Adding economists to the mix risks multiplying the opportunities for misunderstanding. As implied by Ian Morris’ ‘Hard Surfaces’ article of 2001, which remains an essential touchstone for understanding the whole enterprise, the difference between the disciplines consists not only in their means (employing economic theory or not) but also their ends, and arguably their sensibilities. To offer a couple of ideal types, which various papers at the colloquium quite neatly illustrated: even a more soc-sci-orientated historian takes up rational choice theory or New Institutional Economics or the like as a tool that may prove useful but which has to be handled carefully for fear of making a complete mess and injuring oneself and others – something like a chainsaw; for the economist, they’re more like a pair of spectacles, that most of the time you don’t notice, or need to notice, that you’re wearing.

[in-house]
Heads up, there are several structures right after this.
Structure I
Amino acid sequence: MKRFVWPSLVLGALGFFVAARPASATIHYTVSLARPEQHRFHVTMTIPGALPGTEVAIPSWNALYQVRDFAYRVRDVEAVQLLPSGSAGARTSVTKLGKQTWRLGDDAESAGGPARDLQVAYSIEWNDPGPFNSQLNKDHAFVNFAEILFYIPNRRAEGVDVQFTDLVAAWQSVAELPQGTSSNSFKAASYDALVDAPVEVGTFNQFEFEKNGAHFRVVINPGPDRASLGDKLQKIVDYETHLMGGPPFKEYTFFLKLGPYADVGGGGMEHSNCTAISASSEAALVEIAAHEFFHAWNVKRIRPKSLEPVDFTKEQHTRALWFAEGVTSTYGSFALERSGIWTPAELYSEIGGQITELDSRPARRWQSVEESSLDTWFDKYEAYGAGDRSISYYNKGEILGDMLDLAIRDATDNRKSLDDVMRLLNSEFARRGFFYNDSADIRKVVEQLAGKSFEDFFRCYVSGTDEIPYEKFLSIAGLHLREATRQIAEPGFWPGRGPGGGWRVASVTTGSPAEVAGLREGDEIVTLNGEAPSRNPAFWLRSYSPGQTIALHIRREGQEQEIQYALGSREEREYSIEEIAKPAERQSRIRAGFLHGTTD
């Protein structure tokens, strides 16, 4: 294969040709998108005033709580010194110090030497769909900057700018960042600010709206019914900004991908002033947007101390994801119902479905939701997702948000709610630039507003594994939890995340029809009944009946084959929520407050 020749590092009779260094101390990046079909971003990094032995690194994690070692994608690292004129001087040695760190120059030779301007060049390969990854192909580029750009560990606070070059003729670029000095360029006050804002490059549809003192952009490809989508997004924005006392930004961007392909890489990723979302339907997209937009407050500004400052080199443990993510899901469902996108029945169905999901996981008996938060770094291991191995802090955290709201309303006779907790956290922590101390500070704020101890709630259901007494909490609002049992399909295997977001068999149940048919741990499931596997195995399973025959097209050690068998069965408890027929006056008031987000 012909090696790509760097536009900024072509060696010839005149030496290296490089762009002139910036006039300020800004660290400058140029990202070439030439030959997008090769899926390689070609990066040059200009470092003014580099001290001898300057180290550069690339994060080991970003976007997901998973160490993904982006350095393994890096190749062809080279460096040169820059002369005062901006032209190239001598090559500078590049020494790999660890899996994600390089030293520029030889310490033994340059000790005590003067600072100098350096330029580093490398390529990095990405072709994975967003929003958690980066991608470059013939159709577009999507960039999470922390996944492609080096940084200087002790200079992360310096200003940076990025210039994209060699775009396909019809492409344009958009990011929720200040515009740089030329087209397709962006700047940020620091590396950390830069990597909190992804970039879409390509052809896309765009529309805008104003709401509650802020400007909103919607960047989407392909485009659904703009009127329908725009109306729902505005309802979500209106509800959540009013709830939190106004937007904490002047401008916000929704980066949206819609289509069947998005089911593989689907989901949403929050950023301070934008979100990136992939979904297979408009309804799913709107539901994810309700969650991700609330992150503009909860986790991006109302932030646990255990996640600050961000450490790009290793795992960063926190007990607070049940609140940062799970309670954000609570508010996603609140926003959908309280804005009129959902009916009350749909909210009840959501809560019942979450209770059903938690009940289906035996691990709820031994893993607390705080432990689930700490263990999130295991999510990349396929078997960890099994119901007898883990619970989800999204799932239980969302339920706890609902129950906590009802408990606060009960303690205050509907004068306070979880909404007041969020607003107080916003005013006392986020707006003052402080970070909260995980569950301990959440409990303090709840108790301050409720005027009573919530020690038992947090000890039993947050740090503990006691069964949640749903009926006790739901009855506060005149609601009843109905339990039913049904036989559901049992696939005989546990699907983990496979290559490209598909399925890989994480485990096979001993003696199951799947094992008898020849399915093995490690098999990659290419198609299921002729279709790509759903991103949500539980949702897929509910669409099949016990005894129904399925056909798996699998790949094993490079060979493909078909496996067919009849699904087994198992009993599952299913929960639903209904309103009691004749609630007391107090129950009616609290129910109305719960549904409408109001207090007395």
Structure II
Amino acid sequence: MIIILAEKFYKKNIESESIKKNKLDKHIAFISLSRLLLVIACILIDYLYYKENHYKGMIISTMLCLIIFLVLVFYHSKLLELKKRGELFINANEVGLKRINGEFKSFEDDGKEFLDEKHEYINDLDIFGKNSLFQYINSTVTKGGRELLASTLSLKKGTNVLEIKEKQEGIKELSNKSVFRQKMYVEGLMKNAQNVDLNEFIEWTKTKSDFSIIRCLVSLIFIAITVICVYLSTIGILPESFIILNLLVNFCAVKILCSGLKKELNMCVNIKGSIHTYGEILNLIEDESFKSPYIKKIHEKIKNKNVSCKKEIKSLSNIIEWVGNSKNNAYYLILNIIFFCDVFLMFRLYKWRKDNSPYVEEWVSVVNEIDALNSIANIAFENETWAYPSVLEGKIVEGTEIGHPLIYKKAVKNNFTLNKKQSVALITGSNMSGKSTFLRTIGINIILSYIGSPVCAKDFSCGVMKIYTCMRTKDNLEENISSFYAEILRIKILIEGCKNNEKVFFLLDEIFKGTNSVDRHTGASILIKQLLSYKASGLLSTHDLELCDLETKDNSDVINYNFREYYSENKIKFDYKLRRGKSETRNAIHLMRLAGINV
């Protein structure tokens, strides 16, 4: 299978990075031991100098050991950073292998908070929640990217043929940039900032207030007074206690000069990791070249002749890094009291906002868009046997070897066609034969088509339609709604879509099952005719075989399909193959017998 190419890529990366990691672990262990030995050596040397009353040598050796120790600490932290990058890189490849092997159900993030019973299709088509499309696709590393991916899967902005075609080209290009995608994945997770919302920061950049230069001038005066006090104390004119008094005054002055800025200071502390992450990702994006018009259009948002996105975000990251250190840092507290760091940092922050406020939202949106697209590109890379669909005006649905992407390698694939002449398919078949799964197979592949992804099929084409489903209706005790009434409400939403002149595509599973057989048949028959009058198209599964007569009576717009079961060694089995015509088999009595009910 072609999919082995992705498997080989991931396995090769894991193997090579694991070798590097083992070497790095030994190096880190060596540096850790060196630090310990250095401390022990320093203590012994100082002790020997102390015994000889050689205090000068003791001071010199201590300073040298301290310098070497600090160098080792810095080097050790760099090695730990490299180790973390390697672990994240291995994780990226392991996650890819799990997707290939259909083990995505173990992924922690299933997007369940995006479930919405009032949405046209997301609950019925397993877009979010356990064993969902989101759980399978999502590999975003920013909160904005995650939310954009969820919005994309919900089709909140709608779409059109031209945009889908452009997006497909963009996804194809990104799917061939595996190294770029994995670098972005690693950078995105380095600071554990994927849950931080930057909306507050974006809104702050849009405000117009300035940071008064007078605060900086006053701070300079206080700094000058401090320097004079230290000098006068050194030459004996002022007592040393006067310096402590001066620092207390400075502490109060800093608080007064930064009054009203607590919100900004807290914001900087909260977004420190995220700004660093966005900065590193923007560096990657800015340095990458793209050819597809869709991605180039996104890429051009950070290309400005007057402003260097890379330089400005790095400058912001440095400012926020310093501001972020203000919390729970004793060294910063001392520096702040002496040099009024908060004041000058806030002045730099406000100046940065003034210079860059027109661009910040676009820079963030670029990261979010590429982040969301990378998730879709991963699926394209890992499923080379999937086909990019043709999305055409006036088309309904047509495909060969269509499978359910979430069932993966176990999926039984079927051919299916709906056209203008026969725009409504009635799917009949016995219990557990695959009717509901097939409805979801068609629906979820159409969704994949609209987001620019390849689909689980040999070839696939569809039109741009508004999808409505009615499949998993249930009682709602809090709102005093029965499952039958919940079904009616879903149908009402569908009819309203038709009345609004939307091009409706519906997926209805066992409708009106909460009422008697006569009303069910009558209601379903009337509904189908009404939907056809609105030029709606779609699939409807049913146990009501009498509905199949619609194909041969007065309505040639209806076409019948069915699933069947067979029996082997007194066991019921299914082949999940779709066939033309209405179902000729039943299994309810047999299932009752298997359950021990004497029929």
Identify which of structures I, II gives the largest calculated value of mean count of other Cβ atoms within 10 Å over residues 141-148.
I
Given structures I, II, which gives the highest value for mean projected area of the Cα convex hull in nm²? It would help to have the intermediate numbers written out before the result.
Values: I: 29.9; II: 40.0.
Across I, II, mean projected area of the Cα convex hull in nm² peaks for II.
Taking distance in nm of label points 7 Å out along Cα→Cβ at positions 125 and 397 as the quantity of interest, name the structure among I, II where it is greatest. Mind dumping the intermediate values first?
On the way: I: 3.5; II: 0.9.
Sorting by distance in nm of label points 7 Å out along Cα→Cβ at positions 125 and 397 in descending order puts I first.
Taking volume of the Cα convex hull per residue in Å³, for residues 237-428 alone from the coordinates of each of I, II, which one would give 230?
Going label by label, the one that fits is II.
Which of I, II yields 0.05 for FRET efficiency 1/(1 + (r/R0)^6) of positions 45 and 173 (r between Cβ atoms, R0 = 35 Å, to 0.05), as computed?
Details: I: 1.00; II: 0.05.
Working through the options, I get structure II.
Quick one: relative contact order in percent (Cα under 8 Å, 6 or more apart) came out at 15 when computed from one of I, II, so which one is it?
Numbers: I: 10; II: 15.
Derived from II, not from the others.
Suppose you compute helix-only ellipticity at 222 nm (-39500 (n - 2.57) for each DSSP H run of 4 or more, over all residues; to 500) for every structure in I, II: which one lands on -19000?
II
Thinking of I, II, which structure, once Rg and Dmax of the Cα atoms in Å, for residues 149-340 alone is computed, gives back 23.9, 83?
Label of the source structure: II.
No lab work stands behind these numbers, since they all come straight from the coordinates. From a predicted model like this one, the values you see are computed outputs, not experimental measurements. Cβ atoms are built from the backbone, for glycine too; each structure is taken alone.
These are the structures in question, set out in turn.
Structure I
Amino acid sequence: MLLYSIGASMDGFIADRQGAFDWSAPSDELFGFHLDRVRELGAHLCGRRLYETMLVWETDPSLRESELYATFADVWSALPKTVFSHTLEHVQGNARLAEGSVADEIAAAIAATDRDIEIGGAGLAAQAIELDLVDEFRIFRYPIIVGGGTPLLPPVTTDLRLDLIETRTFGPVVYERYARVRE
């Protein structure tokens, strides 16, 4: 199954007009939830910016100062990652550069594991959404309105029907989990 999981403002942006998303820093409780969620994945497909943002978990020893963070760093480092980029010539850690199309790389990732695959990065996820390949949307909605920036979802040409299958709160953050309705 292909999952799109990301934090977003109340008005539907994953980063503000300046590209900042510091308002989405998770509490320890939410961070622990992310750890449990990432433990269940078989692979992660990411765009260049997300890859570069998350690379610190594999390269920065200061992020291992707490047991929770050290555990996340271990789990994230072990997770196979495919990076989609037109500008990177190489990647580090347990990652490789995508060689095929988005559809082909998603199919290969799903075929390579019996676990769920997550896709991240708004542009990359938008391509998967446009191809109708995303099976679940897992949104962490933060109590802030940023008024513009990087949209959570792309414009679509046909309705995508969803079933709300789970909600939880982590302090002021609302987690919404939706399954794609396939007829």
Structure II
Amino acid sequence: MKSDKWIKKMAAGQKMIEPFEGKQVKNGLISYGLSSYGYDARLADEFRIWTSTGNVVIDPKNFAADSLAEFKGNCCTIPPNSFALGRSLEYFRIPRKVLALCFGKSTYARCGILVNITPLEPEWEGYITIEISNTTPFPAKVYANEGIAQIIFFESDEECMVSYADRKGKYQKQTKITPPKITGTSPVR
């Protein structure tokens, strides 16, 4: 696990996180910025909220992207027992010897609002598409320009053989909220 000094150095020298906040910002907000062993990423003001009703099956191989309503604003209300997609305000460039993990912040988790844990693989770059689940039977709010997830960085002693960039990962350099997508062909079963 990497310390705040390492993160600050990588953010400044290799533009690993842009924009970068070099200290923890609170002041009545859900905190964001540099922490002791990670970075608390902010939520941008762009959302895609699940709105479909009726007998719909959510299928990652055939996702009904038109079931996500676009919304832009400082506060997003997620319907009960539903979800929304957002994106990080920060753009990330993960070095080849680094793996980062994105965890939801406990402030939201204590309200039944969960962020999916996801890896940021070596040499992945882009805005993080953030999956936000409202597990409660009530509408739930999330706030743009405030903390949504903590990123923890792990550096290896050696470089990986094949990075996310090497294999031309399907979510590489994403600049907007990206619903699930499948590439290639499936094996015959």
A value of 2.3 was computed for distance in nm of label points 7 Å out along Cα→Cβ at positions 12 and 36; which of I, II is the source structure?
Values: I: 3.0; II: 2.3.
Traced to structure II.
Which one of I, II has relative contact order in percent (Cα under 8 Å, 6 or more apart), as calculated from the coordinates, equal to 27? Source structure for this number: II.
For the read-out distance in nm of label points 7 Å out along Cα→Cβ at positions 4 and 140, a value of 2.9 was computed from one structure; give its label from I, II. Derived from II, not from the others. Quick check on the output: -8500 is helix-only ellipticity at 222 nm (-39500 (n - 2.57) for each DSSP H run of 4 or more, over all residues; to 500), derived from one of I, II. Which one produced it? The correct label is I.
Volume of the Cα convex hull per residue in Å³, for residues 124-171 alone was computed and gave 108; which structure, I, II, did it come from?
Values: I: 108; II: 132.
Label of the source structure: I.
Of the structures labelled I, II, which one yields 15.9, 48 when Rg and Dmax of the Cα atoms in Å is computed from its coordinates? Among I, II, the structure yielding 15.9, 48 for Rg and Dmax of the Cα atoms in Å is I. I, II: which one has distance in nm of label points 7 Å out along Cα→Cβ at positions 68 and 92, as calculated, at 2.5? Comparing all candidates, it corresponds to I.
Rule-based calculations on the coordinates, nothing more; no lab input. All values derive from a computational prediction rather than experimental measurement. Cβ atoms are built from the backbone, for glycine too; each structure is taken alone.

Thus Oetjen on rational choice approaches to euergetism, or Marcus Sehlmeyer (Rostock) on the idea of coding different societies for their relative level of collective action, presented their papers explicitly as thought experiments, and were clearly prepared at a moment’s notice to switch to the conventional “but obviously in reality it’s much more complicated” rhetoric of historicism. For Carl Hampus Lyttkens (Lund) on rational choice approaches to graphe paranomon, Athanassios Pitsoulis (Hildesheim) on Byzantine debasements and iconoclasm as fiscal policy, or George Tridimas (Ulster) on a public choice analysis of ostracism (interesting, incidentally, how often the focus seems to be on Greece, or classical Athens, rather than Rome), the basic premises of the theory are not in question; uncertainty is located in its specific application and/or the limited evidence available for testing it.